Coronavirus disease 2019 (COVID-19) is an infectious disease caused by the severe acute respiratory syndrome coronavirus 2 [1]. It is widespread in many countries and progresses from mild viral illness to hypoxia, multiple organ failure, acute respiratory distress syndrome, and death [2]. Although several factors that contribute to the development of severe COVID-19 have been identified, such as increasing age, male sex, geographic region, and multiple chronic comorbidities, obesity is emerging as a significant risk factor, especially in industrialized countries [3,4,5]. In the United States of America, severe obesity with a body mass index (BMI) ≥ 35 kg/m2 has been reported to be a risk factor for invasive mechanical ventilation (IMV), intensive care unit (ICU) admission, and hospital death [4, 5].

The prevalence of obesity in the Japanese population is lower than that in Westerners [6]. In the United States of America, 40% of the population have obesity (BMI ≥ 30 kg/m2), and 9% of the population has a BMI ≥ 40 kg/m2 [7]. Meanwhile, the percentage of people with obesity in Japan is approximately 4.5%, and the percentage of people with a BMI > 35 kg/m2 is approximately 0.9% [8]. Recently, a genome-wide association study has identified host genetic factors that contribute to the risk of developing severe COVID-19 with respiratory failure [9, 10]. We have conducted a nationwide multicenter consortium to overcome the COVID-19 pandemic in Japan ( Previously, we reported the association between obesity-related genes and COVID-19 severity using a Mendelian randomization analysis [11]. Thus, obesity may be a significant comorbidity in Japanese patients with COVID-19. However, the relationship between obesity and COVID-19 severity in the Japanese population, which differs greatly from that of Westerners (white and black) in terms of the number of infections and deaths and the percentage of obesity, has not yet been clarified. Therefore, we hypothesized that the frequency and impact of obesity on disease severity might be different from those reported in Westerners. This study aimed to investigate the effect of obesity stratified by BMI on the severity of COVID-19 in the general Japanese population.

Subjects and methods

Study design and settings

All cases affected by COVID-19 were recruited through the Japan COVID-19 Task Force [11]. From February 2020 to May 2021, data from consecutive patients aged ≥18 years who were diagnosed with COVID-19 using severe acute respiratory syndrome coronavirus 2 polymerase chain reaction test results at one of more than 100 affiliated hospitals and who agreed to cooperate in the study were registered in an electronic case record form by the study subspecialist at the affiliated research institute and were analyzed in this retrospective cohort study. The inclusion criteria were: (i) non-Japanese patients and (ii) patients with incomplete medical records, such as inability to obtain BMI and critical outcome information. Of the 2 079 patients who met the exclusion criteria, we excluded 54 non-Japanese patients and 188 patients without BMI and outcome information. Thus, 1837 patients were included in the analysis (Fig. 1).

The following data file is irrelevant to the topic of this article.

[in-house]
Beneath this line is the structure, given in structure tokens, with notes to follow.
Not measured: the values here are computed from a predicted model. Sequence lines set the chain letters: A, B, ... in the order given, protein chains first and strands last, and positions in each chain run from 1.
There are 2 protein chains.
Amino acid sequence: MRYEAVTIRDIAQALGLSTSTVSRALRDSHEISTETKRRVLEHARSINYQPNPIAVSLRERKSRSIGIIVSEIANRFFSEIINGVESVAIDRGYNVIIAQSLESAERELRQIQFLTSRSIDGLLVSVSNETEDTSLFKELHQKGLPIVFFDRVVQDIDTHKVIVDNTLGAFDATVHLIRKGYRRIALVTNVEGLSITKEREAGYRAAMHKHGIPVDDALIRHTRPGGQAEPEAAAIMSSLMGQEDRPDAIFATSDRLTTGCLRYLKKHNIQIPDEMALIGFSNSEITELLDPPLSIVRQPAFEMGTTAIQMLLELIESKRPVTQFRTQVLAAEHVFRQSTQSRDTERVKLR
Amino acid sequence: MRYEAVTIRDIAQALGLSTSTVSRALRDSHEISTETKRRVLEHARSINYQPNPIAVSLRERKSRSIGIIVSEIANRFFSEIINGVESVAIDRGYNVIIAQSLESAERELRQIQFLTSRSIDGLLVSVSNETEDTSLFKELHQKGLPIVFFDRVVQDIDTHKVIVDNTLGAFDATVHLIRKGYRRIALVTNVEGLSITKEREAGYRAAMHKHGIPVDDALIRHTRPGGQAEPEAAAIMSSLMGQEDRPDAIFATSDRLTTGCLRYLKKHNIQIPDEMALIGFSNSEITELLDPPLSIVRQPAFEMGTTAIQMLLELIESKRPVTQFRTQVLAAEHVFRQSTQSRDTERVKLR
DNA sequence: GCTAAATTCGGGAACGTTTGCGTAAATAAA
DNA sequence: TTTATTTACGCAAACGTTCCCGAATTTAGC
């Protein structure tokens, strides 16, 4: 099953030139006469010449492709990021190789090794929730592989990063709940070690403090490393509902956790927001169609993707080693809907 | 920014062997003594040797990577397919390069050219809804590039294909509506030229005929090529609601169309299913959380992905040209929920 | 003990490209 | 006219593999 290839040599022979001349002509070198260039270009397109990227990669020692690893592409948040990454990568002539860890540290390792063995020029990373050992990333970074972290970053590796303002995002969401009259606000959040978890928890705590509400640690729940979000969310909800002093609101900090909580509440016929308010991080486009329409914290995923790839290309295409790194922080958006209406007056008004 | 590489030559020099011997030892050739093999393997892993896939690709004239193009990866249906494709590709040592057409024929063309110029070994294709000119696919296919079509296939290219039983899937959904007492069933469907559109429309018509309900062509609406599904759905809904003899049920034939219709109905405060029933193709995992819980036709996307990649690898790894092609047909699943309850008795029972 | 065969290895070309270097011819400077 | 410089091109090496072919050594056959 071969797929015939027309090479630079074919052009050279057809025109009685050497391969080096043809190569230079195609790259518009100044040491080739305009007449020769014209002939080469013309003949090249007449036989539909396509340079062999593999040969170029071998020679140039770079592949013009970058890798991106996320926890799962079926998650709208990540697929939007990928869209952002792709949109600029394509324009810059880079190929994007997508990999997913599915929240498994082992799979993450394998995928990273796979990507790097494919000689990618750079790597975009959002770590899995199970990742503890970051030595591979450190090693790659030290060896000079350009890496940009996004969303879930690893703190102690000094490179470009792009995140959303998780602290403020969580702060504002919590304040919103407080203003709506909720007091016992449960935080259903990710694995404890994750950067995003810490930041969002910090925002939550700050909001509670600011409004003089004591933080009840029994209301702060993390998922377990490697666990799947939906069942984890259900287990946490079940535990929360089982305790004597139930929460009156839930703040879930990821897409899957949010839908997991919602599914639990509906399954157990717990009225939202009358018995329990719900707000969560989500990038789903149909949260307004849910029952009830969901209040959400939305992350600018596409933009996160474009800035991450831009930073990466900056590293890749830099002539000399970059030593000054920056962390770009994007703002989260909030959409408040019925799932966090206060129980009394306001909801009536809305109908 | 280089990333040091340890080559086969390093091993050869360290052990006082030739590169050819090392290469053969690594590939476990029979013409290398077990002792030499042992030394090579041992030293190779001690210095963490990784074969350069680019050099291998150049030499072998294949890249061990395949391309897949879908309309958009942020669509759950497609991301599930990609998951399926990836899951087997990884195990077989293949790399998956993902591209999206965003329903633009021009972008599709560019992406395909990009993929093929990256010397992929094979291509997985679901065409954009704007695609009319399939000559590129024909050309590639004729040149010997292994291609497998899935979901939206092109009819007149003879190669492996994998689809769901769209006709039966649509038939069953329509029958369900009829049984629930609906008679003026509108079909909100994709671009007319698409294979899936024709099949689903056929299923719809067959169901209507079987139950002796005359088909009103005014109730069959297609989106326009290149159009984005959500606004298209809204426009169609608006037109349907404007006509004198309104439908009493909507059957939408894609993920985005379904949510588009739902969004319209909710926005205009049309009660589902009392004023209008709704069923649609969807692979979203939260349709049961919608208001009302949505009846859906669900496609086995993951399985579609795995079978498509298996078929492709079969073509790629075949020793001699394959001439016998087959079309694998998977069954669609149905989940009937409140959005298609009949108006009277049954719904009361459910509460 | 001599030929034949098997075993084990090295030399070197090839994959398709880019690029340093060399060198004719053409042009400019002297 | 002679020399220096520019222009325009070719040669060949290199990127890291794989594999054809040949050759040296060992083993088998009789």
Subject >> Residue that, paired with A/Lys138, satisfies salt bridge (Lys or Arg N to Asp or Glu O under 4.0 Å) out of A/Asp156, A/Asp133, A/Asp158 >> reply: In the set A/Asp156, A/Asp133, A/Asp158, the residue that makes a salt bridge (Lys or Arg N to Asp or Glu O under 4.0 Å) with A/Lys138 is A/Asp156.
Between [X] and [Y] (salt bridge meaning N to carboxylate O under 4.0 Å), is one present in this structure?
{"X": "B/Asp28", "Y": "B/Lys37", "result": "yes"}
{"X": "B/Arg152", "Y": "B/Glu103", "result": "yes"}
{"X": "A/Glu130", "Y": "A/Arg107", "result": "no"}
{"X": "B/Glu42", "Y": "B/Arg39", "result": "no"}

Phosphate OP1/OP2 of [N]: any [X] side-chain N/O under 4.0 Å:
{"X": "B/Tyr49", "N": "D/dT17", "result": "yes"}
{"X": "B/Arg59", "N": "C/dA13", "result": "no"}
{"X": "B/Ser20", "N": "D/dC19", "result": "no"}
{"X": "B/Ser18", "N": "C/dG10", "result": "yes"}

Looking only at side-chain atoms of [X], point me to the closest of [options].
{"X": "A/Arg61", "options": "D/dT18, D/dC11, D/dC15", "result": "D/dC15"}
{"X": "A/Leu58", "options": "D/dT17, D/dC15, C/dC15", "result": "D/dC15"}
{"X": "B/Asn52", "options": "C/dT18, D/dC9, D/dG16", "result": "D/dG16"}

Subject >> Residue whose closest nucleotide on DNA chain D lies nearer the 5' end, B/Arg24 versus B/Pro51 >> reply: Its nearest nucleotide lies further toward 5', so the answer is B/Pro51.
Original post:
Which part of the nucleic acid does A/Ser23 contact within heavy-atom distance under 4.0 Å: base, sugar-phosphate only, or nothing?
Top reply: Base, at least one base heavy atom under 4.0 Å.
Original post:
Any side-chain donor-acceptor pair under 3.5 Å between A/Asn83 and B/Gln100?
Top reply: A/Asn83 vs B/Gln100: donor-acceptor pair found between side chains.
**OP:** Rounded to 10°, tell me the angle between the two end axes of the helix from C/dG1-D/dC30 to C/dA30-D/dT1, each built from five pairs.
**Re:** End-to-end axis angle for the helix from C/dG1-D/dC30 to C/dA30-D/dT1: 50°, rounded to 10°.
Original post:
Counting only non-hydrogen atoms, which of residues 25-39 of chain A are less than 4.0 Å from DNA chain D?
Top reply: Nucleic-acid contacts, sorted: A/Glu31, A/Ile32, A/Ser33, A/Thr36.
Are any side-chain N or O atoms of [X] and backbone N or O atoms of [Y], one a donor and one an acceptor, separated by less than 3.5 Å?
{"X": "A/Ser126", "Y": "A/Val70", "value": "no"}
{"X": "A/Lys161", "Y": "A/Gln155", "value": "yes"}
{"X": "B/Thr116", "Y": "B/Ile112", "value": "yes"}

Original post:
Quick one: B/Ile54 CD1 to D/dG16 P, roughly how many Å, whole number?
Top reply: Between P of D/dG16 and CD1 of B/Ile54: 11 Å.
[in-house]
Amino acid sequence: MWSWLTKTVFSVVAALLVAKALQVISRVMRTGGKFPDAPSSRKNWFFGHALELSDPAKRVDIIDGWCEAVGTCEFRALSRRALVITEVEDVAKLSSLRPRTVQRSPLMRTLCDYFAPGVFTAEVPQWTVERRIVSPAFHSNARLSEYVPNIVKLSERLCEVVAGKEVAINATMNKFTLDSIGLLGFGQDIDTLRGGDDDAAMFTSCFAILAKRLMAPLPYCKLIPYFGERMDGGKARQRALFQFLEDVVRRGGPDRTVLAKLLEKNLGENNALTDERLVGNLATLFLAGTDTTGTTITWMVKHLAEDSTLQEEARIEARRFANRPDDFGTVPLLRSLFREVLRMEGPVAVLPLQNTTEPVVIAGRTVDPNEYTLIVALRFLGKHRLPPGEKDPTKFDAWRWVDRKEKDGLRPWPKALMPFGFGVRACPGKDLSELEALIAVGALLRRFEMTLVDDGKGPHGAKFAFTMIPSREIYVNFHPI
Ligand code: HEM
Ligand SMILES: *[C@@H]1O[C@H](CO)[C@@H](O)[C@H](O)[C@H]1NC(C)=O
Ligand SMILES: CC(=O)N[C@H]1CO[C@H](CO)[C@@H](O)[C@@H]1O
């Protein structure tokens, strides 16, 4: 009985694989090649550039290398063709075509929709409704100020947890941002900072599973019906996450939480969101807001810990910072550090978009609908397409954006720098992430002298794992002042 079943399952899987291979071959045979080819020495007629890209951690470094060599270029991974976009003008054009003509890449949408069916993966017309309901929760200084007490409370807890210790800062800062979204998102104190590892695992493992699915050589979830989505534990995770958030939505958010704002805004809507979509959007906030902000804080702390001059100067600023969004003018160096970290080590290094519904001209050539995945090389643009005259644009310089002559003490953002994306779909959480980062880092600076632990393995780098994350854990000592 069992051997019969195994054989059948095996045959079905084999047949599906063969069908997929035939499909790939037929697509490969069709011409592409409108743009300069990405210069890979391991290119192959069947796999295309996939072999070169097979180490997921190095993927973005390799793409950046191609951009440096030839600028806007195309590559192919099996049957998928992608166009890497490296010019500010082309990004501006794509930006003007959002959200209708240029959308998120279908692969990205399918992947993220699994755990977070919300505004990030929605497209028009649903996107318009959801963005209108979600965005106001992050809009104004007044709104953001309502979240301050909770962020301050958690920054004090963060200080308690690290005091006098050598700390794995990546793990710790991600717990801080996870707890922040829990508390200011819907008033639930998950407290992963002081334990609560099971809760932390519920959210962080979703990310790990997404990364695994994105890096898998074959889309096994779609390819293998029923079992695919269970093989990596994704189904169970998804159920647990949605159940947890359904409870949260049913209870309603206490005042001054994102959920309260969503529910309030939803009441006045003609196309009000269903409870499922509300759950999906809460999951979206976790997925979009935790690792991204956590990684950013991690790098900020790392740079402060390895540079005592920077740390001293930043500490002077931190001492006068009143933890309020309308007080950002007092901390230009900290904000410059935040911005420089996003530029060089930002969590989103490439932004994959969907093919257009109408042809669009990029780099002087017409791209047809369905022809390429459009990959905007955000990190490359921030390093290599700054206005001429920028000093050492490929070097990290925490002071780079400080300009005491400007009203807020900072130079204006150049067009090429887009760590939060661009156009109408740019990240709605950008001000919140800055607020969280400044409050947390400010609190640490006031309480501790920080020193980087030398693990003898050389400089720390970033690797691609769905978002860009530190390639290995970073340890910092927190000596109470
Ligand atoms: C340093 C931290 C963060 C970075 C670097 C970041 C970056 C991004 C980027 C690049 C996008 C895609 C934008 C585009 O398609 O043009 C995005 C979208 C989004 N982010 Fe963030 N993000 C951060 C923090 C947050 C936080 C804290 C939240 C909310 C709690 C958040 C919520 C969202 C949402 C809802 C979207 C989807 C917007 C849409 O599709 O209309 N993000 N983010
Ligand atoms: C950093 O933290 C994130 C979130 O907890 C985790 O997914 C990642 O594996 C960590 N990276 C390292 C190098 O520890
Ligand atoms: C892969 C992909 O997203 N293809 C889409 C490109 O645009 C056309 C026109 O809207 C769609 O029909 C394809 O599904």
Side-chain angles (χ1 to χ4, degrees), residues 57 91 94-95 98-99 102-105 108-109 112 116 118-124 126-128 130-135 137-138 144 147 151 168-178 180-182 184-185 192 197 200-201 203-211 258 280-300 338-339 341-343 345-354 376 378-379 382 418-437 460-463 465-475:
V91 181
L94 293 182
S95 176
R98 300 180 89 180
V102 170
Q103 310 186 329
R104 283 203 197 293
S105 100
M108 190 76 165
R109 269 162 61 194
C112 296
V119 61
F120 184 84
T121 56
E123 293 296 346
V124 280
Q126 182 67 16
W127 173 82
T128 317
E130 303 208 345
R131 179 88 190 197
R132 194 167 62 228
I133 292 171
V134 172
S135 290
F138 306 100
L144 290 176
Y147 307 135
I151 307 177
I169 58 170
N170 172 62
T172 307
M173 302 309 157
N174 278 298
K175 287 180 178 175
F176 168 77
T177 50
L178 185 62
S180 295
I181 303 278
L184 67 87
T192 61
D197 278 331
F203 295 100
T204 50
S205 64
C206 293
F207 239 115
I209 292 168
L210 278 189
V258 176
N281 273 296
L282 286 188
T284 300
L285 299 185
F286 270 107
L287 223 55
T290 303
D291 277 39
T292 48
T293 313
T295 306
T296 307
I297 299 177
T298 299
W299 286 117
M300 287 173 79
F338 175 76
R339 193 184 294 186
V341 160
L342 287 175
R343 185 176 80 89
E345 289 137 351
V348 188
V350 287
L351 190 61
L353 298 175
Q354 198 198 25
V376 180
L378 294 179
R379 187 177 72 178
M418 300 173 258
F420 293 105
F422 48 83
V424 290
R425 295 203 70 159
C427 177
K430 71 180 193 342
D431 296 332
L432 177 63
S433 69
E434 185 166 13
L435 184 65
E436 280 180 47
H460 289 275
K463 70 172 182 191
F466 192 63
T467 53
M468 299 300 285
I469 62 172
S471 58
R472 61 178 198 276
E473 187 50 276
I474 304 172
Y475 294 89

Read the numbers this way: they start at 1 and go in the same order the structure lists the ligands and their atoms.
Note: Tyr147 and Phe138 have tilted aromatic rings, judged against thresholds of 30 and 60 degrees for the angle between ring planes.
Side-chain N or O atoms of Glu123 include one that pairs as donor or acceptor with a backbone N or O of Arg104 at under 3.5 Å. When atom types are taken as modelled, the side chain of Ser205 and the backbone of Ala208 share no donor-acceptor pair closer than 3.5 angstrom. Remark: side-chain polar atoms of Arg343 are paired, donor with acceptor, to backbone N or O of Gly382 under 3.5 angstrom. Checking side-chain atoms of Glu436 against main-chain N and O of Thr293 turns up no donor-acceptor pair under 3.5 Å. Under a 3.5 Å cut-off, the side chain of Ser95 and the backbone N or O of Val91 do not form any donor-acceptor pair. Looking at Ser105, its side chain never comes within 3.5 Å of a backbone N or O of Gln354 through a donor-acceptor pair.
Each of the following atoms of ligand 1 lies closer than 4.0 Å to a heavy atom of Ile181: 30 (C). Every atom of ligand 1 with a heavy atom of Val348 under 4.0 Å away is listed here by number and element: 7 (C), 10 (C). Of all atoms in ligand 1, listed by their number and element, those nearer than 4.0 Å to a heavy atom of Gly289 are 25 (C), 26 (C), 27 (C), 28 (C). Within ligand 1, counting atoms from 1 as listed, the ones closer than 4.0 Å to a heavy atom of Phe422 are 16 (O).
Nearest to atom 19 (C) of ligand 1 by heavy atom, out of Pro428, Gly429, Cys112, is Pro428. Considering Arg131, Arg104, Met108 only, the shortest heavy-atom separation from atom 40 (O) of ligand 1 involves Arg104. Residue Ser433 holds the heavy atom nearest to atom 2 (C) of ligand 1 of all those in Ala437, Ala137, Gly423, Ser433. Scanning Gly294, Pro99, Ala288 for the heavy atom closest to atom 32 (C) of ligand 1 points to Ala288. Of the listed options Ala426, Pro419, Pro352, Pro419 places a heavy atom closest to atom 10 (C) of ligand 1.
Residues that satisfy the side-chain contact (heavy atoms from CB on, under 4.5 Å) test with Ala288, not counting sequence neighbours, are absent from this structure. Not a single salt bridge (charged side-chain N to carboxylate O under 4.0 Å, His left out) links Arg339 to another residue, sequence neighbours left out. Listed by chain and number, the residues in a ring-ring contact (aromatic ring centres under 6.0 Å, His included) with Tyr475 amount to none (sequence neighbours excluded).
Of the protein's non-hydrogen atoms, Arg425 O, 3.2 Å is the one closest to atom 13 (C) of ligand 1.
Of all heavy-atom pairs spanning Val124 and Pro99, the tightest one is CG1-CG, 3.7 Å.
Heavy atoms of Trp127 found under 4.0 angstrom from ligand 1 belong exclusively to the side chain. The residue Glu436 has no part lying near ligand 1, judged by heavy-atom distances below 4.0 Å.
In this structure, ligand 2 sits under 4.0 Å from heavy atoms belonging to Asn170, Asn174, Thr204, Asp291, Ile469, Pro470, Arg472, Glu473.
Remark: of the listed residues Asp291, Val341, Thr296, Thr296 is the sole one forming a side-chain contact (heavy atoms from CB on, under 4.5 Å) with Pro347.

Fig. 1: Flowchart describing the patient selection.
figure 1

All consecutive patients with COVID-19 aged ≥18 years who were hospitalized during the study period and recruited through the Japan COVID-19 Task Force between February 2020 and May 2021 were included. After excluding 242 patients, 1837 patients were enrolled in this study. *A critical case was defined as receiving treatment in the intensive care unit, using invasive mechanical ventilation, or hospital death.

This study was approved by the Ethics Committee of Keio University School of Medicine (ID: 20200061), and written or oral informed consent was obtained. The study was performed in accordance with the ethical standards laid down in the 1964 Declaration of Helsinki and its later amendments.

Data collection

Actual measurement values of height and weight at admission were obtained from physicians, and BMI was calculated. The following data were extracted from the electronic case record form: age, sex, clinical symptoms and signs, laboratory and radiographic findings on admission, comorbidities, and disease severity (ICU entry, using IMV, and survival status). All laboratory tests were performed according to the clinical care needs of the patients. Symptoms and signs were included at the time of referral and admission and at the time of hospitalization. Laboratory and radiographic results were collected within 48 h of the initial visit or admission. The collected data were reviewed by a team of respiratory clinicians. If core data were missing, the clinician was contacted to collect the data. Missing data in the patient background were noted as unknown.

Outcomes and statistics

The primary exposure in all analyses was BMI. BMI was calculated using the height and weight recorded during hospitalization. BMI categories were defined using the following Ministry of Health, Labour and Welfare, Japan criteria: underweight (BMI < 18.5 kg/m2), normal weight (18.5 ≤ BMI < 25.0 kg/m2), class 1 obesity (25.0 ≤BMI < 30.0 kg/m2), class 2 obesity (30.0 ≤BMI < 35.0 kg/m2), and class 3 or 4 obesity (BMI ≥ 35 kg/m2). The primary outcome was critical illness, defined as treatment in the ICU, using IMV, or death [5, 12]. Continuous and categorical variables are presented as mean ± standard deviation (SD) or number (proportion), respectively. Data were compared among the five groups using an analysis of variance and the χ2 test as appropriate. Additionally, among patients with BMI ≥ 25 kg/m2, we compared clinical information between the critical and non-critical groups. Student’s t test and the χ2 test were used to compare the two groups.